Share the Vision seeks to provide total-company involvement & improvement. Part III

We recently introduced Concord’s initiative, Share the Vision, which seeks to provide total-company involvement & improvement. This includes the all-important plan to train people for future leadership and communication challenges.

Last week’s post looked at the first three of ten aims of the Share the Vision initiative. This post discusses the fourth through the seventh aims:

Embrace empowerment, promote passionate thinking, celebrate success. To get a group to embrace change, empower it to effect the change by overcoming financial and other objections. Beyond individual departments, empowerment requires managers and executives to show support for empowerment initiatives and “evangelizing” certain processes and protocols. When people aren’t empowered to participate fully, it empowers someone to tell them what to do. Instead, make it collaborative so people can self-motivate and champion their efforts. And, always celebrate successes with acknowledgement and an opportunity for team members to share what they did.

Open all doors to change. Open doors exist throughout an organization, not just within departments. Unlike some IT teams that work within a silo, Concord makes sure the doors are open to the executive team, managers, and everyone else involved in making the company do the best job possible. Open doors bring two outcomes: Informing and directing everyone fully; and promoting the exchange and discussion of ideas in a completely open and non-threatening environment.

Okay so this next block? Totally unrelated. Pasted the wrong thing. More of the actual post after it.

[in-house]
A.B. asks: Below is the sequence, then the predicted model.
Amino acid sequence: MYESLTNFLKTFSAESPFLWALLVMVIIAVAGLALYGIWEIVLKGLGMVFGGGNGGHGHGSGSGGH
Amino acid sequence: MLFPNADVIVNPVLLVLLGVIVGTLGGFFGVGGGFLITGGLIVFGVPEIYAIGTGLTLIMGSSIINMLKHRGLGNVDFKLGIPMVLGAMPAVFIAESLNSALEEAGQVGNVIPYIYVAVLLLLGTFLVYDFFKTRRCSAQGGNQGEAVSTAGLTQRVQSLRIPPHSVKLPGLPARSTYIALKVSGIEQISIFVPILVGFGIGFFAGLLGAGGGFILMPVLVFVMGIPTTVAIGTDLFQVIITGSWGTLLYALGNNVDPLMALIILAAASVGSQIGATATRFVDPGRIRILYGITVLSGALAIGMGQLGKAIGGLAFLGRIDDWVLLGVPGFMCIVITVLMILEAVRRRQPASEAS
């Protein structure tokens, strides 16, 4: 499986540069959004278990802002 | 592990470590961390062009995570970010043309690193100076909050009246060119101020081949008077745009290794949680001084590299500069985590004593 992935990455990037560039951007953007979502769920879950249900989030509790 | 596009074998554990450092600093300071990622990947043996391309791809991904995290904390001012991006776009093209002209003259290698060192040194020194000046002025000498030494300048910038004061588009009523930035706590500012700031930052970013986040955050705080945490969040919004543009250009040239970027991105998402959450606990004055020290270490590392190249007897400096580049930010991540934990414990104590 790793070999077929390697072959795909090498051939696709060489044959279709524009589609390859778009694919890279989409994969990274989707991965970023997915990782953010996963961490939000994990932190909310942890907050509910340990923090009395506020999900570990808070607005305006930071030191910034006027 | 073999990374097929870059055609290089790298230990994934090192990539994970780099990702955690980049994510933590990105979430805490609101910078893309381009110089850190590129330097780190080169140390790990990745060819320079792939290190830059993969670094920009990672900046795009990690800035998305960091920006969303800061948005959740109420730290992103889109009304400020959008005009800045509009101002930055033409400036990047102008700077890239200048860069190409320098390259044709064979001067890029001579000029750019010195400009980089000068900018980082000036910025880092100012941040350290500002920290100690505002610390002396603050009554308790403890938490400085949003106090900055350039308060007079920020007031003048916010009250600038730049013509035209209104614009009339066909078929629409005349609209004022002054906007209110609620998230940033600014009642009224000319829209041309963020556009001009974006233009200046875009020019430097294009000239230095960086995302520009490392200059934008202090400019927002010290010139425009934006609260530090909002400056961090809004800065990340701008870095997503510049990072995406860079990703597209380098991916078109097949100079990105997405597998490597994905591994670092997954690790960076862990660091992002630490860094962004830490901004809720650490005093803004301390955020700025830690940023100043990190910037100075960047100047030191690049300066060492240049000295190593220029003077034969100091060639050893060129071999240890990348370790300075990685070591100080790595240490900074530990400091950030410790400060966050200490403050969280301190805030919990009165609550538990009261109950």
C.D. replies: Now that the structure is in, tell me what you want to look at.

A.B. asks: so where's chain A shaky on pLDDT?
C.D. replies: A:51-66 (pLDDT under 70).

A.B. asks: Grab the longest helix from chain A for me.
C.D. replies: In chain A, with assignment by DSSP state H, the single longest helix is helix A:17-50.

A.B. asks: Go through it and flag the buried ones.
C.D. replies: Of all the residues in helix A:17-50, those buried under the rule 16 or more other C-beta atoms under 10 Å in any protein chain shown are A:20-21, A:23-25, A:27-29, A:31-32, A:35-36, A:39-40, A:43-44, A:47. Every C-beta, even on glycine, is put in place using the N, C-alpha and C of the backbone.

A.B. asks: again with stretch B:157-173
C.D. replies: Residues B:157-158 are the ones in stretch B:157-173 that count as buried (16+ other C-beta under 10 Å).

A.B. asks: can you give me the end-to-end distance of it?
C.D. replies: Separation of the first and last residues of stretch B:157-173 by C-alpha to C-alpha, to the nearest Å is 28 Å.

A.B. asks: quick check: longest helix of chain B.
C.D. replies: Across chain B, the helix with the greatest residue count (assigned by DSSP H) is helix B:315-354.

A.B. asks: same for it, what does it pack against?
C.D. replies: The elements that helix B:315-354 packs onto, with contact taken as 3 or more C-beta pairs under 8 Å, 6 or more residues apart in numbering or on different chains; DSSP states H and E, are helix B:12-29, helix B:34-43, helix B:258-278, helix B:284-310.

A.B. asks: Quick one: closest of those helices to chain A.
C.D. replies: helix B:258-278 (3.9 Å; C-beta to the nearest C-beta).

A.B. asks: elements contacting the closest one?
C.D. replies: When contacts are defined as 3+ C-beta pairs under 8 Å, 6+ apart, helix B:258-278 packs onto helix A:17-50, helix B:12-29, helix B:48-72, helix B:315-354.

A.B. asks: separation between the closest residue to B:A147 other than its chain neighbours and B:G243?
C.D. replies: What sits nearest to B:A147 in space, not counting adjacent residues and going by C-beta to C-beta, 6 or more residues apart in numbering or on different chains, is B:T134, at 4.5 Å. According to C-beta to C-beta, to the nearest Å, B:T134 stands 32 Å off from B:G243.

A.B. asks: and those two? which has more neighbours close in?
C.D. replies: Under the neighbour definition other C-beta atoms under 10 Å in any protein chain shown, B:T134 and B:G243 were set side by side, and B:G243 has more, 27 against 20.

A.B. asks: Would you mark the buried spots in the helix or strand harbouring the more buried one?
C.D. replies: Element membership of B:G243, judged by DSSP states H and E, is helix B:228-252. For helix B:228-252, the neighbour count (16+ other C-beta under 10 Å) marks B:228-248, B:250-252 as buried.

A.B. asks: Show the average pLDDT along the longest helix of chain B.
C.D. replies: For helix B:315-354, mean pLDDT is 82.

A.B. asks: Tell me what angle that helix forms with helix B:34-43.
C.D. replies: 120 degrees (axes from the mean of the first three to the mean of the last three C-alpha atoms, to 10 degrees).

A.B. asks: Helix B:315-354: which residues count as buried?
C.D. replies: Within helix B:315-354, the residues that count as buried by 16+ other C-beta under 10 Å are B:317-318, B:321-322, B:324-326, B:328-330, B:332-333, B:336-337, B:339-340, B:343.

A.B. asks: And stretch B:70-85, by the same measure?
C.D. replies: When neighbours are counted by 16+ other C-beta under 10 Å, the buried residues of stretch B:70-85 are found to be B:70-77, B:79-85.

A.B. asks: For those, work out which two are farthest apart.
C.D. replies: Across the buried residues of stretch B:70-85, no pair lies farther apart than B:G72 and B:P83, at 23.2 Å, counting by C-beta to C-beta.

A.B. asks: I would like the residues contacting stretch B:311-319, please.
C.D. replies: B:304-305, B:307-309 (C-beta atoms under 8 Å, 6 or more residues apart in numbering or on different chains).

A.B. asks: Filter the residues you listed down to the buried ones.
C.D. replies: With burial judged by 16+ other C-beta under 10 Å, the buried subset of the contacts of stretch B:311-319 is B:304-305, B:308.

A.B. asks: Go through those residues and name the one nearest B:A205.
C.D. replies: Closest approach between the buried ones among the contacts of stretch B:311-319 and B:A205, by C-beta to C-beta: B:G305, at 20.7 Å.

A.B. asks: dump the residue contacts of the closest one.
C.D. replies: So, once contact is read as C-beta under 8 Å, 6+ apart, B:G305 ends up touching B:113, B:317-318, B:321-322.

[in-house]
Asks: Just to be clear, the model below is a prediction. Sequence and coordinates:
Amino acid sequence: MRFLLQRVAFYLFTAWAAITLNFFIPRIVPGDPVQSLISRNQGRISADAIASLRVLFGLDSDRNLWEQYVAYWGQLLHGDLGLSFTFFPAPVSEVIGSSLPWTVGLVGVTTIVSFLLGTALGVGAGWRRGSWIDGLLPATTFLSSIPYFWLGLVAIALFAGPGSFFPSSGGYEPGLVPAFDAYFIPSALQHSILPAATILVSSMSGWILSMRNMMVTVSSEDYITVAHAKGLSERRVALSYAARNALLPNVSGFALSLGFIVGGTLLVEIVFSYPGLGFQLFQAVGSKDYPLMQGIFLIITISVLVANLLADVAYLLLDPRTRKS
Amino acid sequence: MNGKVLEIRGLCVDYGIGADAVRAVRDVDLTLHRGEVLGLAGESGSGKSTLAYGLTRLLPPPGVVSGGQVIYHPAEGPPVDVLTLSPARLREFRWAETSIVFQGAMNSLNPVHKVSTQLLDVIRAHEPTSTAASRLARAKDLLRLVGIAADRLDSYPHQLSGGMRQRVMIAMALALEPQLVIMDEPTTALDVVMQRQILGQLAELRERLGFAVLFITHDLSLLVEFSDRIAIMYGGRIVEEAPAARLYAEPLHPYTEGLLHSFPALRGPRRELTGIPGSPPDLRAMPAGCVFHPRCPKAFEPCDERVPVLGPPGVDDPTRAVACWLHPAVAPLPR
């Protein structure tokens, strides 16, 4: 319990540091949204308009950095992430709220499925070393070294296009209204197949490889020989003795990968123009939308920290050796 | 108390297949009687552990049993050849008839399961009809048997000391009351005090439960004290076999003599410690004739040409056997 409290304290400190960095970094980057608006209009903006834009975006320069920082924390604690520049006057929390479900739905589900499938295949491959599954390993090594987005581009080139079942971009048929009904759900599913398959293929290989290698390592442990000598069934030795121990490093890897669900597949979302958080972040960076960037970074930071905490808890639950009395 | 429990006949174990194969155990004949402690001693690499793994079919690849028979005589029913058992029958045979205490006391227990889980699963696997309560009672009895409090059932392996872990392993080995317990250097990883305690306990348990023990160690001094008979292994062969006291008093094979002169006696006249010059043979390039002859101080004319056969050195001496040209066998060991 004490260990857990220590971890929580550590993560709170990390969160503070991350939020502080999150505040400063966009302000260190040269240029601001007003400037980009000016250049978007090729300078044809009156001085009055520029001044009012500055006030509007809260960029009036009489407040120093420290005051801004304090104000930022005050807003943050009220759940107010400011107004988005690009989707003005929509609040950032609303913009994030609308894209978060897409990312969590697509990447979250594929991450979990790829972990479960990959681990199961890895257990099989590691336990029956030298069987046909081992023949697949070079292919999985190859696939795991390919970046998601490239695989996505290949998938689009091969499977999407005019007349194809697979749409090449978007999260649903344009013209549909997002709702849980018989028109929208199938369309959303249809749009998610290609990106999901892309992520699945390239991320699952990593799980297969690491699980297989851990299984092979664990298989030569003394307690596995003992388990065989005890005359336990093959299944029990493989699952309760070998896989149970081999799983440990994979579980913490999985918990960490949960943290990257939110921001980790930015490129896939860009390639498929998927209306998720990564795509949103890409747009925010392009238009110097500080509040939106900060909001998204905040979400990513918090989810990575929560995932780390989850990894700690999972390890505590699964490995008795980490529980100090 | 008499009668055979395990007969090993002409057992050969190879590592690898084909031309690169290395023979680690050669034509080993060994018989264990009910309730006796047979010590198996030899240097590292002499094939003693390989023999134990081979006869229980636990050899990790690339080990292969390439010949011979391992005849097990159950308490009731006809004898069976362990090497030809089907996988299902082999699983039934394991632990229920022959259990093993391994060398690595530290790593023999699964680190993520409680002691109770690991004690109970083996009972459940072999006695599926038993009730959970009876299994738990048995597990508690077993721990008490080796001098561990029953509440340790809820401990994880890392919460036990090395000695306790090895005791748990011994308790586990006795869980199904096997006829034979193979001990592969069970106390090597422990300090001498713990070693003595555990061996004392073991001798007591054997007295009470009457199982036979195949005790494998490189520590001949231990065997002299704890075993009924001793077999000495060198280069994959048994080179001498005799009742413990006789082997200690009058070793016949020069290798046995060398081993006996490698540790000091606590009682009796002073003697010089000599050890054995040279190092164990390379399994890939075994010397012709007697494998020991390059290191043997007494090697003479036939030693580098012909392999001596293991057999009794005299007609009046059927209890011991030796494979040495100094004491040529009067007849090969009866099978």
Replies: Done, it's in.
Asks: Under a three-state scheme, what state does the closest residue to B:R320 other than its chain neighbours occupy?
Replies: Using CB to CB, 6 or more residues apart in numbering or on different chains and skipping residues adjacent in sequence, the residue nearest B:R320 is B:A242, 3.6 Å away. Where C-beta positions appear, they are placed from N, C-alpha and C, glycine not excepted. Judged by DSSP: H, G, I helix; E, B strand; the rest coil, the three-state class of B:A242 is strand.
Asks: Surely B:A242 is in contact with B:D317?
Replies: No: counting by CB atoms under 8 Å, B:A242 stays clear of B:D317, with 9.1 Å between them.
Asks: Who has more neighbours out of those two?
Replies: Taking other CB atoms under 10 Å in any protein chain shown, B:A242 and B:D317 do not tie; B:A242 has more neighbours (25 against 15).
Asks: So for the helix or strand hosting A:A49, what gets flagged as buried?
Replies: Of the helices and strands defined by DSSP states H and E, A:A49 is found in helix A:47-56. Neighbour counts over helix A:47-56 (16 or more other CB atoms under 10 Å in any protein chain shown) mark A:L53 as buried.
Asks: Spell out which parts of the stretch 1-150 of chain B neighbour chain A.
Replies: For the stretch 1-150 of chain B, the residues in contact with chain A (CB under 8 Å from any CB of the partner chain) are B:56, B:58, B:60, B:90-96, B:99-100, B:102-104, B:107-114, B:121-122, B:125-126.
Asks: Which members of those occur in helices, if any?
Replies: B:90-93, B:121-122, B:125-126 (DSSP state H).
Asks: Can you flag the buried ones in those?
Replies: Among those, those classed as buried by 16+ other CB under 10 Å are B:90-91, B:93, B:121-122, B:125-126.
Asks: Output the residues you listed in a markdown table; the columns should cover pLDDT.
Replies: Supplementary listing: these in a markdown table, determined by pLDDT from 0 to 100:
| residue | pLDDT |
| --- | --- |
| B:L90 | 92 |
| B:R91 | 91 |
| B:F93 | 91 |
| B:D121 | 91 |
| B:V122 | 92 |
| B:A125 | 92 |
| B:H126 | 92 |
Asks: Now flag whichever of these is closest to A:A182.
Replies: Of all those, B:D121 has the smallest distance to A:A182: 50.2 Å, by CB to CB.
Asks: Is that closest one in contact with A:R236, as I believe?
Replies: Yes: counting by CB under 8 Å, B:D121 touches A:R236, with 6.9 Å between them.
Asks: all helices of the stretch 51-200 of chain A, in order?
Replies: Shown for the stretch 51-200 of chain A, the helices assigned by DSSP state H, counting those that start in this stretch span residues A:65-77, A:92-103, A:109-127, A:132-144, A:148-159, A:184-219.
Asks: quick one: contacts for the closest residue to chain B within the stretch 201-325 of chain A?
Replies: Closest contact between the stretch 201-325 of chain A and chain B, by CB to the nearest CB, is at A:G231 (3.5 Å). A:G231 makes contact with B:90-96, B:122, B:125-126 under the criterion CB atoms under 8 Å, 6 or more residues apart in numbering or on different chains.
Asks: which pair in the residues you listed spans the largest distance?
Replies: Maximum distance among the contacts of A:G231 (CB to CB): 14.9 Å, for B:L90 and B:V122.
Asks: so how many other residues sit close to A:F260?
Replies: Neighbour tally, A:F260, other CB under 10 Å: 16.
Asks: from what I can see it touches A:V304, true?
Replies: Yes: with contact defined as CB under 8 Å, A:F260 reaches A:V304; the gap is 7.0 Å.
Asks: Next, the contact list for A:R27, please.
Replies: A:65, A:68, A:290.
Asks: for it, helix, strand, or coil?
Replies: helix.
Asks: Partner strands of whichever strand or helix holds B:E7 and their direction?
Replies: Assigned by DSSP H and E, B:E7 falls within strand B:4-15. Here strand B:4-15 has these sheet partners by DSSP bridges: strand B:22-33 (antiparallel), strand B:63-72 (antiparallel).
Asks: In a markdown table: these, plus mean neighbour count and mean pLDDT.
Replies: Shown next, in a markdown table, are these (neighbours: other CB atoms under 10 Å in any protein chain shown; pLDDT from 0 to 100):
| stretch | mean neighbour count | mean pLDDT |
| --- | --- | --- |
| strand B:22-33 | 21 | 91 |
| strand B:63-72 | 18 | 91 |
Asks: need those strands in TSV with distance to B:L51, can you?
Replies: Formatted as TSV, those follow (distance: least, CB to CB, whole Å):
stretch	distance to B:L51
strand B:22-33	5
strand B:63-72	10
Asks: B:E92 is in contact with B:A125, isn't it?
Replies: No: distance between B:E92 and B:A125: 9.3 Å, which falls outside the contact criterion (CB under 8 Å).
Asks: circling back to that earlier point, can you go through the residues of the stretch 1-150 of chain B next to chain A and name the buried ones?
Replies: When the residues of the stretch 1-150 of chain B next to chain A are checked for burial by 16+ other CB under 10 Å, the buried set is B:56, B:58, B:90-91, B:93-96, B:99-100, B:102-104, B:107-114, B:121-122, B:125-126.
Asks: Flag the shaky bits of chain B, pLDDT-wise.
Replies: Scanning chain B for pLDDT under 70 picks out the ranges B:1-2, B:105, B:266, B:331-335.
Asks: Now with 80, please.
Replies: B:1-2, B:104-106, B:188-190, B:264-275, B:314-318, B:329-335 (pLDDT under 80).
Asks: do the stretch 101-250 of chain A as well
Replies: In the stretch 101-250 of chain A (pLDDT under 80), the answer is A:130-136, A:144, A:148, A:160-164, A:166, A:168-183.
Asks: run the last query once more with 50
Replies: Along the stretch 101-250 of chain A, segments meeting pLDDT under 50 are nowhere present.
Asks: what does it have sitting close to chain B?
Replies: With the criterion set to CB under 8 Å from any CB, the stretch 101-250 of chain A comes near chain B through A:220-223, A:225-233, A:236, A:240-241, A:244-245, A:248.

Question the status quo. It’s always important to challenge the status quo, because the vacuum created without challenging it is stagnation. Shine a light on everything and brainstorm how to think about things differently, effect change, find a new perspective—and assess whether or not doing something is the right thing. Encourage thinking through an issue thoroughly, and despite pre-existing mindsets, how changes can enhance overall outcomes.

Get LEAN. Concord uses a model called EASS—Eliminate, Automate, Self-Service. It is based on principles of LEAN management to eliminate waste and create the most efficient, cost-effective environment possible. Essentially, it works like this:

  • Can something currently in the stream simply be eliminated without adversely impacting solutions? In other words, is it superfluous?
  • If it needs to be addressed, can it be automated so that people currently handling these tasks can turn their attentions to other matters?
  • If it can’t be automated, make it self-service so that human resources can concentrate elsewhere. Ultimately, this enables workforces to be most productive and highest performing in the areas where people are needed most.

Next week, we’ll discuss the final three aims:

Drill down to full disclosure

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Jon Catlin, Concord Servicing Corporation Chief Information Officer, is a big-picture thinker, strategist, and implementation specialist. His Share the Vision initiative is designed to bring together the collective brainpower, creative insights, and perspectives of all forces within the company to effect positive change, enhance productivity, empower the workforce, and optimize outcomes. Far from being an IT-only focus, Share the Vision is a total company endeavor designed to make Concord all it can be on behalf of clients, employees, partners, and other stakeholders.

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